My wife and I took a break last week and headed up to Mendocino. We tasted wine in Hopland , had some nice meals, stayed in a pleasant coastal inn, and made it a point to find a television to watch the San Francisco Giants clinch the National League championship.
Who wants to give this up?
Is it such a binary choice? I think it is.
Being able to take a trip like that has always been about discretionary wealth. It takes spare cash to leave work behind and indulge for a few days. In the pre-industrial world, the powerful accumulated personal wealth through the labor of others—serfs, subjects, and slaves. Very few people could be at the top of that pyramid.
Fossil fuels changed everything. The energy density of coal and oil replaced hand labor and broke the age-old bonds of servitude for billions. You can argue that agricultural slaves merely became wage slaves, but that doesn’t capture the profound transformation of the Industrial Revolution. Fossil fuels leverage and amplify human power by orders of magnitude. Farming that used to take a village can now be done many times over by a handful of people with machines. In 1790, farmers were 90% of the labor force. Today, they’re about 2%. That puts a lot of time in peoples’ hands to engage in other activities—like inventing mass entertainment, the core of present-day Western culture.
Fossil fuels also make places like the Mendocino coast accessible, habitable, and culturally mainstreamed for large populations. You can be sure the subsistence hunter-gatherer practices of the isolated Pomos wouldn’t support a town the size of Mendocino (pop. 1,006), let alone Fort Bragg (p0p. 7,273) in anything remotely resembling the comfort and health of today’s denizens.
But the binary choice isn’t between living like a 21st-Century Westerner and an ancient Pomo, it’s between profligacy and frugality and, ultimately, between survival and extinction.
The original goal of the Kyoto agreement was to reduce greenhouse gas emissions to 20% of 1990 levels by 2040. That profile was identified for a reason. Lesser reductions mean continued accumulation of CO2, which will trap more heat, destabilize the atmosphere, and increase the risk of a runaway methane release from the Arctic. If we had set out immediately to achieve the Kyoto emissions target, we could have stepped emissions down by roughly 2% a year for 40 years. Tough, but feasible.
Twenty years have passed. Now, to reach that goal, we have to accelerate to 3% or 4% a year. That means redeploying our capital and labor at that same rate. And that’s setting aside the need to ensure all growth is 100% non-carbon-additive.
To hope to have anything like our current social, economic, and political arrangements in 2040, less than 30 years from now, all technology has to shift from coal, oil, and gas to something else. Setting aside the technical issues, this means stranding investments on a global scale. All that money that’s been sunk into ExxonMobil, BP, Shell? Write it off. Walk away. Leave the stuff in the ground.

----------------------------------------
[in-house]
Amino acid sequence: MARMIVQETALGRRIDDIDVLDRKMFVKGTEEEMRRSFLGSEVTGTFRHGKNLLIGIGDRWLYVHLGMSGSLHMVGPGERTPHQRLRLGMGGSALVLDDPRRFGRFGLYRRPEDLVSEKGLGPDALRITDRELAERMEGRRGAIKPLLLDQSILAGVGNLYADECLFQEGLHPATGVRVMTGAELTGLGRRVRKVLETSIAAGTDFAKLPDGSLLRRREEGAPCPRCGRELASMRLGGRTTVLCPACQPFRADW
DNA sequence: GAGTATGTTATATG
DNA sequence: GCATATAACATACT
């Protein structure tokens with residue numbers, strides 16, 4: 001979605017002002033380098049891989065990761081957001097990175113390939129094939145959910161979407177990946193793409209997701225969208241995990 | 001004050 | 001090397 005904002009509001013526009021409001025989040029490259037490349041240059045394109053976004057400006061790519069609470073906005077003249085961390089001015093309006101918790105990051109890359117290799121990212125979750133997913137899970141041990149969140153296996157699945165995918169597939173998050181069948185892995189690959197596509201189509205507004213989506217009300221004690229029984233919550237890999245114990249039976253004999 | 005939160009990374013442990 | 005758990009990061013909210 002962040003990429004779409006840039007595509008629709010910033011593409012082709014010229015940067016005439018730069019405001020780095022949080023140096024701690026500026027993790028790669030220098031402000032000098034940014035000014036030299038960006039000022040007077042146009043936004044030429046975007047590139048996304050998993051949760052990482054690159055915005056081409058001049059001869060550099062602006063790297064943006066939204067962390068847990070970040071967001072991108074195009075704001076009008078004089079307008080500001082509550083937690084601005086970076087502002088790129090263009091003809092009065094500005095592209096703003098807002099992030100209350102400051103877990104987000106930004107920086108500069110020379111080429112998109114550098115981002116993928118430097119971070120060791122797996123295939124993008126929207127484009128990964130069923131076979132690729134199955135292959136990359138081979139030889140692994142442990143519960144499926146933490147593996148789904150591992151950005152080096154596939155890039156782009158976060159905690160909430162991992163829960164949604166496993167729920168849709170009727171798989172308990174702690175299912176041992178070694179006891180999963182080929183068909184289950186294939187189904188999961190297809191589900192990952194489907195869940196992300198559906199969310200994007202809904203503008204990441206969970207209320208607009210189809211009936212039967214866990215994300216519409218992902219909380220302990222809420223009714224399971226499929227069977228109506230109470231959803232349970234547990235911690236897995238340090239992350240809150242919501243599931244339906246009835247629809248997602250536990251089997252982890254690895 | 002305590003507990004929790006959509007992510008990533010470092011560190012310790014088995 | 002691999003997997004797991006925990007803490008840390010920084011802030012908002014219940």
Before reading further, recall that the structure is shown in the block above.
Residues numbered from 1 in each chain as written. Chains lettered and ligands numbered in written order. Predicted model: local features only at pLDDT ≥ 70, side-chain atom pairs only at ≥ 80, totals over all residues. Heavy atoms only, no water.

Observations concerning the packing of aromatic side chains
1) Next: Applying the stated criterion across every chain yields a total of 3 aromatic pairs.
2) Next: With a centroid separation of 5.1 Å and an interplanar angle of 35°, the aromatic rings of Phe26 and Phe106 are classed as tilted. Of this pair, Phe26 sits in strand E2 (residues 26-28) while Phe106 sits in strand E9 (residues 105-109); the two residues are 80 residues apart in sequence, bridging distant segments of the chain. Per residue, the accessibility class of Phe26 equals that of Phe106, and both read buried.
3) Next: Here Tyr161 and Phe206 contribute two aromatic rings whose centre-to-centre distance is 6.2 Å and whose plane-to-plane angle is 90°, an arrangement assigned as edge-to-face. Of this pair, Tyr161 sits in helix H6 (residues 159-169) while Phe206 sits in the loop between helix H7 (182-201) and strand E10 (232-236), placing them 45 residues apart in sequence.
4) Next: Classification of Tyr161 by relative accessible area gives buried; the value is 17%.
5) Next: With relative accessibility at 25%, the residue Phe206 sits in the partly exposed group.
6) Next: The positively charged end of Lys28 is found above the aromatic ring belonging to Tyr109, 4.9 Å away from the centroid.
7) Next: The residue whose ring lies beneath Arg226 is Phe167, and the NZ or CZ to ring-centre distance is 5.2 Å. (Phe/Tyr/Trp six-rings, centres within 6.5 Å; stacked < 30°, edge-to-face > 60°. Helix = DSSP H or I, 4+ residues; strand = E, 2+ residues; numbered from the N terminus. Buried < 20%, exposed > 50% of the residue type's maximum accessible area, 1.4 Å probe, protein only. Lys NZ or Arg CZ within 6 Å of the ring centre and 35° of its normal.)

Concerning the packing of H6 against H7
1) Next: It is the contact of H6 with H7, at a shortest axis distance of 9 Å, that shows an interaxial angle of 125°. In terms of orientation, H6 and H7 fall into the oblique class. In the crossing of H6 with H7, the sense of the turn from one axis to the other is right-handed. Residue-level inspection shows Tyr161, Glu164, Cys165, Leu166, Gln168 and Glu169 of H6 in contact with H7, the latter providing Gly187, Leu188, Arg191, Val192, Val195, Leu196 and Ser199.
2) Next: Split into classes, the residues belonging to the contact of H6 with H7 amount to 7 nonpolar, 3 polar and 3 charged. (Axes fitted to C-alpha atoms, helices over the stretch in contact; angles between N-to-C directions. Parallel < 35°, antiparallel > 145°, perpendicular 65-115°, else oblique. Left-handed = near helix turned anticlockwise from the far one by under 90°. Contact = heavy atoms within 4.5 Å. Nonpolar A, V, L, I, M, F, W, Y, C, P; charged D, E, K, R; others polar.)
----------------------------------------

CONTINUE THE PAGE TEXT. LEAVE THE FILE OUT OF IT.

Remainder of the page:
If we do that, all the infrastructure and jobs that depend on those investments would become imminently obsolete. Their value would fall by roughly the same percent as the carbon reduction target, 80 percent. All the money invested in that infrastructure and the companies that own it would be lost. That would slam the economy like a burlap bag full of 2008s.
Between ramping down fossil fuels and investing in brand new energy facilities, money will be diverted from almost all other nonessential purposes.
The ironic thing is that entertainment has become essential. Our economy is so leveraged up on cheap energy that it requires continued novelty for growth. If people don’t drive to Mendocino and spend money in B&Bs and bistros, the residents there don’t have jobs. (Or more of them pile into marijuana cultivation, which is entertainment of a different stripe.) All tourism is economically essential, if maintaining per capita income is the measure. Diet dog food is essential. Video games. Mani-pedis. Jetting to Europe. NASCAR. The NFL. Movies. Golf. Silly K-Pop music. Our way of life depends on taking Gangnam Style seriously. (It’s worth noting that the Wikipedia entry for Gangnam Style has 249 footnotes while the entry for Global Warming has 213. Just so we have our priorities straight.)
But if we don’t make the transition, if we don’t divert our wealth to invest in new technologies on a massive scale immediately, we won’t be enjoying Psy’s gallop dance or any of our other essential nonessentials for long. To the extent we continue to use fossil fuels, it has to be to construct other energy providers—insulation, super-energy-efficient devices, solar panels, wind generators. We should treat fossil fuels as an endowment, to be preserved like capital and used sparingly to generate dividends.
That means lowering our standard of living, at least while that redirection of investment takes place. It means WW2-style sacrifice in place of Gangnam-style indulgence.
Otherwise, by 2040 or sooner, Mother Nature will correct the atmospheric carbon imbalance for us. She won’t manage it like we still can. Her rebalancing will be harsh and indifferent to the continuation of any particular species, including ours.